• Stocks with low share prices tended to have high implied volatilies. Citigroup (NYSE: C  ) , for instance, clocked in at 54%, much higher than many stocks sporting more expensive shares. Sirius XM (Nasdaq: SIRI  ) was even higher at 71%. That makes sense -- with Citi still dealing with huge losses and Sirius in danger of getting delisted from the Nasdaq, you'd expect those willing to take on risk to demand more compensation.
  • Stocks perceived as "boring" tend to have low volatility figures. Investors don't buy stock in ExxonMobil (NYSE: XOM  ) or Procter & Gamble (NYSE: PG  ) expecting huge growth, because their biggest growth periods are behind them. Instead, those stocks are defensive plays that will provide steady if unspectacular returns over time -- and their option volatility supports that view, with figures in the 16% to 18% range.
  • Competitors in the same industry sometimes have much different volatility figures. For instance, in the mining industry, Newmont Mining (NYSE: NEM  ) has a relatively average volatility of about 33%, reflecting its modest growth prospects, steadily rising cash flow, and status as an industry leader. But as the main producers of platinum and palladium in North America -- key materials for auto production -- Montana's Stillwater Mining (NYSE: SWC  ) and Canadian miner North American Palladium (NYSE: PAL  ) have both benefited directly from the big move in platinum-group metals in the past year. Both have higher volatility figures to reflect that greater potential for price appreciation, in the low to mid-60% range.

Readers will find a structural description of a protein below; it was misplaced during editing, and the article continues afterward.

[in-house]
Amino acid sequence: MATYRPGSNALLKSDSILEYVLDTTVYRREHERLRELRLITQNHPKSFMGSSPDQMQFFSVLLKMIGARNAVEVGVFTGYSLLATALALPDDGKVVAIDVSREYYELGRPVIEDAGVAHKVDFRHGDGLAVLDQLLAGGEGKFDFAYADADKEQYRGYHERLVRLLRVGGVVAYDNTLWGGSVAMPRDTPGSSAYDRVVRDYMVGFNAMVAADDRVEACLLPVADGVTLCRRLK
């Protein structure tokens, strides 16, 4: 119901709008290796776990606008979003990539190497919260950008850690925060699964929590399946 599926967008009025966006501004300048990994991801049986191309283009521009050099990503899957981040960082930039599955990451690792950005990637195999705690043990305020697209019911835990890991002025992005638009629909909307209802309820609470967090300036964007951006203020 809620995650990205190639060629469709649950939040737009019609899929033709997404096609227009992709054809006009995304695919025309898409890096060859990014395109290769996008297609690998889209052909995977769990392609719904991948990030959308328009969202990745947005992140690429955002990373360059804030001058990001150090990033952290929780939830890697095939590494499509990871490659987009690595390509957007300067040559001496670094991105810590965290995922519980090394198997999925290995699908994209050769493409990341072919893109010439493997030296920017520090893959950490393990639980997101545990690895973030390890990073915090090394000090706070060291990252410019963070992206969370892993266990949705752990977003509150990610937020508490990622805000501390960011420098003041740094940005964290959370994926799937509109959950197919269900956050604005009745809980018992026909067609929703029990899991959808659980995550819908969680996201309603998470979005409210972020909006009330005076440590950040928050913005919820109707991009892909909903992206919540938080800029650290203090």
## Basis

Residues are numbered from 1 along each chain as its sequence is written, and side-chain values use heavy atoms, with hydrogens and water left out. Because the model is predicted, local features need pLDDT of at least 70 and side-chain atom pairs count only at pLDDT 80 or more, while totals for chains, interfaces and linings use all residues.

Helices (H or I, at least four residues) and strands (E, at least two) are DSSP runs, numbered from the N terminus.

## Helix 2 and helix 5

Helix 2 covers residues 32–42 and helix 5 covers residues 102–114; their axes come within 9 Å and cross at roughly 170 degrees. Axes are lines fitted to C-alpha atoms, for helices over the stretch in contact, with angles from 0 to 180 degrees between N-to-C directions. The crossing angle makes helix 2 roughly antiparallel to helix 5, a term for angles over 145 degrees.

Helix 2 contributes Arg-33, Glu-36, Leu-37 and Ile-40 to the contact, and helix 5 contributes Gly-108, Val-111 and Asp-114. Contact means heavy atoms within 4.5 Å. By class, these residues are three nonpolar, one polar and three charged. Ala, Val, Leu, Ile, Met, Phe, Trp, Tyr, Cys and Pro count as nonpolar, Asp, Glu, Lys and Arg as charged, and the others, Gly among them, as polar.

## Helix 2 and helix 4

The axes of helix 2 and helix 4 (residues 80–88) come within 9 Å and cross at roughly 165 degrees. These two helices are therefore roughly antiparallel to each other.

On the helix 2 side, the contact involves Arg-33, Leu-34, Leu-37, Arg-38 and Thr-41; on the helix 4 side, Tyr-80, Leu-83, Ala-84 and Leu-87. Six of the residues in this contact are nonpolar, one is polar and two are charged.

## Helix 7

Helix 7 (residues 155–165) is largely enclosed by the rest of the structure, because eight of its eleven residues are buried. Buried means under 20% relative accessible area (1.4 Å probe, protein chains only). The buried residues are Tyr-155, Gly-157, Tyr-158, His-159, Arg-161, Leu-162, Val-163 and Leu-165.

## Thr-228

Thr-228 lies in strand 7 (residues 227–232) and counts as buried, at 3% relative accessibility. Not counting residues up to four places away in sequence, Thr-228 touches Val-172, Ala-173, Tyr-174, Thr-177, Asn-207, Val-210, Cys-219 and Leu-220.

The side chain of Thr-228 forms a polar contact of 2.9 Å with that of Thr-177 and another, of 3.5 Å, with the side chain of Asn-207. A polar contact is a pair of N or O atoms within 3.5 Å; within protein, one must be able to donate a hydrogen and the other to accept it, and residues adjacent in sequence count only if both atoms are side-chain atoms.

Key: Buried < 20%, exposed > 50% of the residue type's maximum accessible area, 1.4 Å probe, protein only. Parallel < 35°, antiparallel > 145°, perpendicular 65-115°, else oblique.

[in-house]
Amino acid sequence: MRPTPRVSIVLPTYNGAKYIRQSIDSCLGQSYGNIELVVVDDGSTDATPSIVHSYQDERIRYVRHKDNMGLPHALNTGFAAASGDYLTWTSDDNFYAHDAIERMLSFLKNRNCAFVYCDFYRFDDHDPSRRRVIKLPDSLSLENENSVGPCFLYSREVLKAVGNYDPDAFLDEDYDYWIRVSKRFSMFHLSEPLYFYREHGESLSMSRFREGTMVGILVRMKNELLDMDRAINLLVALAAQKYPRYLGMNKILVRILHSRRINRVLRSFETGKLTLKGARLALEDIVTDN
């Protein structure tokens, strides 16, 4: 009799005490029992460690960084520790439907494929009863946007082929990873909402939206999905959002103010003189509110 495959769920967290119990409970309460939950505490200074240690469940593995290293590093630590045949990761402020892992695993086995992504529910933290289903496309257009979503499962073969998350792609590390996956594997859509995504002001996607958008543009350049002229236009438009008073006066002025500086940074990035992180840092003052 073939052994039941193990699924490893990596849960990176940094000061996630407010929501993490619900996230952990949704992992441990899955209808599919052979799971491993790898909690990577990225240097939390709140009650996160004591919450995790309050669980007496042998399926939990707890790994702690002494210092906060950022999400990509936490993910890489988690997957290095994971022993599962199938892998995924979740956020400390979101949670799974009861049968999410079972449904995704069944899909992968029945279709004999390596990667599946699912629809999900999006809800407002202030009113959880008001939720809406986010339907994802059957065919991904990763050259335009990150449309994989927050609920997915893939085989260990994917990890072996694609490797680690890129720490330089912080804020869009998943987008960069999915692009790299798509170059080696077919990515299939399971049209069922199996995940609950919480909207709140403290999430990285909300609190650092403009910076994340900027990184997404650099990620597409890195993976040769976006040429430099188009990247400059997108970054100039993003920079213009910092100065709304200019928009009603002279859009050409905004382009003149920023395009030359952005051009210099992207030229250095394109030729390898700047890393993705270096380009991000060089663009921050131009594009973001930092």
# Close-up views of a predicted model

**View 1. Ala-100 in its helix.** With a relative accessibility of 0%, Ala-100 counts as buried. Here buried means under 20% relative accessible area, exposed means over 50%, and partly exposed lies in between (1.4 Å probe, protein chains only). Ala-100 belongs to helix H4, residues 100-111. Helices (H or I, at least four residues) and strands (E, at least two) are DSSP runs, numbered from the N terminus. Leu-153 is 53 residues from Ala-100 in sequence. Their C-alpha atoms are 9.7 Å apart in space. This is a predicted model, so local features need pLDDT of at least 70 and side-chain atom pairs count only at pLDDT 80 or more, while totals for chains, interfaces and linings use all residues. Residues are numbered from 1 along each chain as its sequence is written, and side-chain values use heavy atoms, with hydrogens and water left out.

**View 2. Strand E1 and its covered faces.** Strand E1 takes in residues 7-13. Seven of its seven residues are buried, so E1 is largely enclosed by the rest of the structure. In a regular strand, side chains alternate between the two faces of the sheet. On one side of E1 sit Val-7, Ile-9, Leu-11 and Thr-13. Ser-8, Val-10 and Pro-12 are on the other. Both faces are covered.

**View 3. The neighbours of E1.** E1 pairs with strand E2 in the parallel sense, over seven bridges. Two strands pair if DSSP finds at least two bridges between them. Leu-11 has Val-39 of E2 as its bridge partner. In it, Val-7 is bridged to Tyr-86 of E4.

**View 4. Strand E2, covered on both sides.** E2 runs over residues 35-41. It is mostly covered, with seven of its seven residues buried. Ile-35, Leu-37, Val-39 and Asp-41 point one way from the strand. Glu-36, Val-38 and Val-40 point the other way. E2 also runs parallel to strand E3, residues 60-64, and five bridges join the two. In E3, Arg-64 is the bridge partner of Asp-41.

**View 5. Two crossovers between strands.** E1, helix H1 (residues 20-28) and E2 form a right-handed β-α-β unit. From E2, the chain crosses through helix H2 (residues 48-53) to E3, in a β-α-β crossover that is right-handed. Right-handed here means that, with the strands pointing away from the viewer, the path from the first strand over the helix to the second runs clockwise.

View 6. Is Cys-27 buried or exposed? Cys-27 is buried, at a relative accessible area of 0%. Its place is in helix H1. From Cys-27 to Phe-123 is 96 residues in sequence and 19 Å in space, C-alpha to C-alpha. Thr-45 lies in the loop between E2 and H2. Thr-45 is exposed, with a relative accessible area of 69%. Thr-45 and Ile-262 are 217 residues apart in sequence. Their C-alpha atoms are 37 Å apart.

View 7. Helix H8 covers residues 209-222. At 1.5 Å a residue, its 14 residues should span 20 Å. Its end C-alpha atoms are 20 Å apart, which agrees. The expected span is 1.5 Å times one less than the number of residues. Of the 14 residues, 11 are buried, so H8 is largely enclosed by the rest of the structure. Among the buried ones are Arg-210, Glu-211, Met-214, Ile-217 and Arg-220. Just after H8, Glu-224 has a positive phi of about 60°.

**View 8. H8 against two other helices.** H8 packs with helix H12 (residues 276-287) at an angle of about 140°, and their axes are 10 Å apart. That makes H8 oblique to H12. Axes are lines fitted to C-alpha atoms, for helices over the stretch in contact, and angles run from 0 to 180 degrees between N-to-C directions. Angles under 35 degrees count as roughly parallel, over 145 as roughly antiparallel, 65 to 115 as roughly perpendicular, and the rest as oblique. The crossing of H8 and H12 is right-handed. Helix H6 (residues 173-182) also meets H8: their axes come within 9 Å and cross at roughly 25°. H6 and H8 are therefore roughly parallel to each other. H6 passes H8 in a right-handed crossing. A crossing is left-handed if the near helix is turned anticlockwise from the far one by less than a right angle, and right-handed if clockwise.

Getting your hands around all these numbers is tough, but the simpler point is that higher volatility means that you'll get more premium if you write options. And more importantly, if you think those stocks won't actually be as volatile as their option prices are implying, then their options may bring you more money than they're really worth.

Take a look
As you can imagine, options can get complicated in a hurry. But used correctly, they can enhance your returns while keeping you in control of the risk level you take on.

There's money to be made in options. Find out how Fool contributor Tim Beyers found a double in three months.

Fool contributor Dan Caplinger knows good value when he sees it. He doesn't own shares of the companies mentioned in this article. The Fool owns shares of Procter & Gamble, which is a Motley Fool Income Investor recommendation. Try any of our Foolish newsletters today, free for 30 days. With the Fool's disclosure policy, there's no better value than free.

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Help us keep this a respectfully Foolish area! This is a place for our readers to discuss, debate, and learn more about the Foolish investing topic you read about above. Help us keep it clean and safe. If you believe a comment is abusive or otherwise violates our Fool's Rules, please report it via the Report this Comment Report this Comment icon found on every comment.

  • Report this Comment On April 16, 2010, at 9:55 PM, xetn wrote:

    What about a defensive move of buying puts on shares you own to protect profits? I can allow you to keep good stocks in down markets. Is this a good "option"?